Guest Columns

Dairy Markets

Food box still alive and kicking

Nate Donnay

Nate Donnay is the director of dairy market insight at StoneX* and has been applying his interest in complex systems and statistical analysis to the international and U.S. dairy markets since 2005. He contributes this column exclusively for Cheese Market News®.

On Monday, March 22, USDA held a 12-hour listening session to hear feedback from the public about the Farmers to Families Food Box Program. The program was created almost a year ago at the peak of the pandemic lockdown and was designed to quickly move surplus commodities from farmers to consumers in need and hopefully support some idled workers and distribution systems in the process. A win-win-win. But the goals were broad, and the rules were loose.

About four months into the program (around September last year) USDA tried to put more structure around the program. At that time, the program shifted toward providing food for people in need rather than supporting farmers or the supply chain. By this time, USDA was also providing direct payments to farmers and the media had stopped reporting on crops being plowed under and milk being dumped. There was, however, plenty of TV news footage of cars lined up for miles to receive the food boxes.

That shift to helping consumers, and the earlier criticisms, led USDA to focus more on cost per box in later food box rounds. And ultimately to where we found ourselves in March, on a 12-hour conference call.

The main takeaways we caught included:

• USDA should have less focus on cost and more focus on providing local commodities through local organizations.

• The lead time between being awarded a contract and the first deliveries should be extended; 5-10 days was not enough time to properly ramp up. The contract length should also be extended to more than 4-6 weeks.

• USDA audits of what was in the box to make sure it lines up with what companies said they were putting in the boxes.

• USDA has shifted to all combination boxes (a mix of fruits, vegetables, pre-cooked meats and dairy) during 2021, and that is causing problems on a number of levels. End combo boxes.

Most speakers were previous or current contractors or nonprofits that were distributing the food and made comments about how to make tweaks to the program. But some speakers called for radical changes like providing consumers with vouchers that they could use at local stores and farmer’s markets. That sounds a lot like the SNAP program, which is already getting increased funding from a different pool of money.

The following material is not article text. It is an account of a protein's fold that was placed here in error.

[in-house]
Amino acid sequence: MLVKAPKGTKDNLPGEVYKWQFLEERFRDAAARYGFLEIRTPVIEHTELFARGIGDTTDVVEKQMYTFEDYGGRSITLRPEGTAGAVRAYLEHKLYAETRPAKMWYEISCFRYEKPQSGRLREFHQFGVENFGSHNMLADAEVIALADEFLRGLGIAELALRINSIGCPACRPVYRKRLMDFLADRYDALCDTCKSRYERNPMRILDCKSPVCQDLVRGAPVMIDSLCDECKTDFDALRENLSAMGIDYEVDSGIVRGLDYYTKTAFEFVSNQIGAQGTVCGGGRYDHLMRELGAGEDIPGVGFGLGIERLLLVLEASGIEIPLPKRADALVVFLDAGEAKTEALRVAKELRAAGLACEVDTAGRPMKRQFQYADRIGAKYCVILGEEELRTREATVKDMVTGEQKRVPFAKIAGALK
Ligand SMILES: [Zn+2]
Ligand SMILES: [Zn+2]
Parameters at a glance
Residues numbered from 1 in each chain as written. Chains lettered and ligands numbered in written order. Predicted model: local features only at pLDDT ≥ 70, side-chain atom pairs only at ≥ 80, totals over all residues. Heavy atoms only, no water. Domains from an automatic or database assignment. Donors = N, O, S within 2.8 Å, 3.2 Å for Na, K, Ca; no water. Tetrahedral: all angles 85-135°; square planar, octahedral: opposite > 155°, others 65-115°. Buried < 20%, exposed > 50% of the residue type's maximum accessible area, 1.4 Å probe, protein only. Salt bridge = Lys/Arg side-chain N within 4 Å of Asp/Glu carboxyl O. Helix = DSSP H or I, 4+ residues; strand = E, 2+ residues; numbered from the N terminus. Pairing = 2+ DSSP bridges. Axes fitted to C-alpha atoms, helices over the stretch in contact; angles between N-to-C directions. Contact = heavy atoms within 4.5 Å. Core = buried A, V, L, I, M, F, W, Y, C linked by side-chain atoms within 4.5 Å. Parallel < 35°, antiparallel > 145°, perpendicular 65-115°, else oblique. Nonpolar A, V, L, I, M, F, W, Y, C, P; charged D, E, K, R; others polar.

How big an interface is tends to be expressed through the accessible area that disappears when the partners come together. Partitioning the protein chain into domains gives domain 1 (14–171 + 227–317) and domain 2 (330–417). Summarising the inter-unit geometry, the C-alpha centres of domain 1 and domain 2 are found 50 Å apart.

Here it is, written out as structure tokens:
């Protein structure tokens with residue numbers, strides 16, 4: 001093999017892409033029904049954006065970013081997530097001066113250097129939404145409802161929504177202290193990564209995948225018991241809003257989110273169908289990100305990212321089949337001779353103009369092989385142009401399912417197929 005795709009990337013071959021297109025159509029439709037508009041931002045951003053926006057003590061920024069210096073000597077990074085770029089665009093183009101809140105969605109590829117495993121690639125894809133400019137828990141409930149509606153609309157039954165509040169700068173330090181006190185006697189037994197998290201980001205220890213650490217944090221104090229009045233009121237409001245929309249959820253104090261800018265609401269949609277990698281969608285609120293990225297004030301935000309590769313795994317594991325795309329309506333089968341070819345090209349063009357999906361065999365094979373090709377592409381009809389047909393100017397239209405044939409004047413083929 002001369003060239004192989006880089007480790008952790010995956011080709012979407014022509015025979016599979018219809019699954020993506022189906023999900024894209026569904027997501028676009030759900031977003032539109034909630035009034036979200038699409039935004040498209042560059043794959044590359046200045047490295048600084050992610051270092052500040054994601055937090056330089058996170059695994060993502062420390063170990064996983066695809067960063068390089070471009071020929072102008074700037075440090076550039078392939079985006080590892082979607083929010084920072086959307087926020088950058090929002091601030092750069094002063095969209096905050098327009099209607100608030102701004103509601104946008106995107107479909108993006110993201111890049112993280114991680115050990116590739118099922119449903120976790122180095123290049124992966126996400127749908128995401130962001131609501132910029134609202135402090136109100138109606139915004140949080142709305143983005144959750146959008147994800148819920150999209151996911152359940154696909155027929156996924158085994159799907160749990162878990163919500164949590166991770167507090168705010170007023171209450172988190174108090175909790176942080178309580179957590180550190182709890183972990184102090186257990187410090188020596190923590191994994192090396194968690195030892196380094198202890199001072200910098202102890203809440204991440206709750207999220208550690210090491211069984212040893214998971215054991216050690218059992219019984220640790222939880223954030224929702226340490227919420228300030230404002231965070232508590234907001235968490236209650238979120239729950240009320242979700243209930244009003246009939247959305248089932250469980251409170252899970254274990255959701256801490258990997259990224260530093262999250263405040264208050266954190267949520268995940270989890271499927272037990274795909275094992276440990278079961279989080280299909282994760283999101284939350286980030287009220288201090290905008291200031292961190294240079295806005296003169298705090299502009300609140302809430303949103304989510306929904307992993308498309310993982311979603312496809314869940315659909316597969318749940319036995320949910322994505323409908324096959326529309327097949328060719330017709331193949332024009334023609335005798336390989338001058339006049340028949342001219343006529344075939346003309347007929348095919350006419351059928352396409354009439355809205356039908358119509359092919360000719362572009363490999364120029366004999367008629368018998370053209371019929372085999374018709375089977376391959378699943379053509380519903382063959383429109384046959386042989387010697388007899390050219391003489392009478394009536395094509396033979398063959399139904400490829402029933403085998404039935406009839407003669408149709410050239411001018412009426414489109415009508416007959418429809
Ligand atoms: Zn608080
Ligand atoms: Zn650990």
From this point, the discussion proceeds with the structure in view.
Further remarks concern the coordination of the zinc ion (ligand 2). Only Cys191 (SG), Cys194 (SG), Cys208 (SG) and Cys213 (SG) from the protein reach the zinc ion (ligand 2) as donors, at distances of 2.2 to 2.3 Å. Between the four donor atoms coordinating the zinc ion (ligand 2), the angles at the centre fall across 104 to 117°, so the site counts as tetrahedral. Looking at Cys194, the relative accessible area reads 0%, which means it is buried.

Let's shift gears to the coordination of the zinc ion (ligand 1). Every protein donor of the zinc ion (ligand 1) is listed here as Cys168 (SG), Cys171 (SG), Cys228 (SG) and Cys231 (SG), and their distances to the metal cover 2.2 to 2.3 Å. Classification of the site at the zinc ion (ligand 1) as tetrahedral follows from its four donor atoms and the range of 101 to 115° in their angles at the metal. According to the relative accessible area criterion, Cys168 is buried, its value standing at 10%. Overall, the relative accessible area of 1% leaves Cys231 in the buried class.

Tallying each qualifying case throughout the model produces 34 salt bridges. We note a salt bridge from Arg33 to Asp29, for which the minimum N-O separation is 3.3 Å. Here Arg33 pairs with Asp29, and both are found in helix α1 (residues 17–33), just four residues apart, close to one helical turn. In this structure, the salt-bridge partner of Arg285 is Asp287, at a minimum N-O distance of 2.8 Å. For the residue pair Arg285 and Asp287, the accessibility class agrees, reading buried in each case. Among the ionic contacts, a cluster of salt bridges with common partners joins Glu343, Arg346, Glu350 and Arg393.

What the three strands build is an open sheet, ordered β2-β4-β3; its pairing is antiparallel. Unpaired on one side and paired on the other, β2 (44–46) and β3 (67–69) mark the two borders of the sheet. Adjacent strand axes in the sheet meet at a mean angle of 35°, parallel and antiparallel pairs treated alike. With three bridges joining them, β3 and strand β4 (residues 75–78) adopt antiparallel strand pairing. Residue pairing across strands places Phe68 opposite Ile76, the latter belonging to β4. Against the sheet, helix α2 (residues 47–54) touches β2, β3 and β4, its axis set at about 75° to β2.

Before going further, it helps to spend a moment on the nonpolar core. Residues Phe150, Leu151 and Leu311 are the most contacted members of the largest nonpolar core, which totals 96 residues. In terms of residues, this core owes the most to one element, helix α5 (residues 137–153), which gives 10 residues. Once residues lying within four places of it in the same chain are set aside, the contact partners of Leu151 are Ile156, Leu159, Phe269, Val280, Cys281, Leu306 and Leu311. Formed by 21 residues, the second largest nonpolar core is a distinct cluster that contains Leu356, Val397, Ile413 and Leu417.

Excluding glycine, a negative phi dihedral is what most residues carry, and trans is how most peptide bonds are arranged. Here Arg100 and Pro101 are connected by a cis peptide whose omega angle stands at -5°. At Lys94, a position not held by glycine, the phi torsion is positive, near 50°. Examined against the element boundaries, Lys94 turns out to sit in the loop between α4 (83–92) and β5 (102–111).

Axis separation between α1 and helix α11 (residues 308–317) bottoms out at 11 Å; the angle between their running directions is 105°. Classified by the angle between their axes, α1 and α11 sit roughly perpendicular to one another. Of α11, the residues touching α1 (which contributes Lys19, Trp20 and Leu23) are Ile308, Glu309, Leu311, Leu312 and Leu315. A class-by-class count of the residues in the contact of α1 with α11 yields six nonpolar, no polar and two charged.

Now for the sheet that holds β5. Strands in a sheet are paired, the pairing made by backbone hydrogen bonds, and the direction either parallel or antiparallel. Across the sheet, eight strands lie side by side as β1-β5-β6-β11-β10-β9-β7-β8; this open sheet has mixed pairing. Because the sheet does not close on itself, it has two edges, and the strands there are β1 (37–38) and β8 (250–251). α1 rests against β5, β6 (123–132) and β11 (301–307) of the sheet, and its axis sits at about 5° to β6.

Other speakers mentioned the food box program should operate more like The Emergency Food Assistance Program (TEFAP) where USDA makes commodities available to states, with the allocation based on the number of unemployed people in each state and the number of people below the poverty line.

USDA has spent over $4 billion on the food box program so far. They were allocated another $3.6 billion by the American Rescue Plan Act for commodity purchases and grants to support the supply chain, and they likely have about $500 million left for the same purposes from the stimulus package that passed back in December.

USDA must figure out what the food box program is. Is it a temporary program meant to benefit farmers? Should it focus on supporting local supply chains? Should it focus on encouraging healthy eating? Is it an emergency feeding program for people in need? How much should they in-vest in creating rules and structure if this is just a temporary program that will run out of funding in the next six months, or should this become a permanent program?

From a dairy perspective, domestic demand is improving but hasn’t recovered to pre-pandemic levels yet. This leaves us with our current challenge: balancing government purchases to move surplus product without blowing up the Class III-Class IV milk price spread.

Ultimately, it’s a good program. Its heart is in the right place. And the program will run until funding or “need” runs out. And as long as they are giving away free food, people will probably show up to collect the free food, so it will be hard to show the “need” is going away. That means it will probably operate until funding runs out, and you can’t rule out more money being allocated to the program in future stimulus packages or maybe even the next Farm Bill.

If USDA moves back to separate commodity boxes, it’s somewhat predictable that a smaller share of the dollars will be spent on dairy. On the other hand, it would be nice if there was some way to phase out the government purchases when it is clear that domestic demand has rebounded. The consequence of not fine-tuning a program like this could once again create unusually “overheated” markets — like the ones seen last year — at times.


The views expressed by CMN’s guest columnists are their own opinions and do not necessarily reflect those of Cheese Market News®.

*Comments in this article are market commentary and are not to be construed as market advice.

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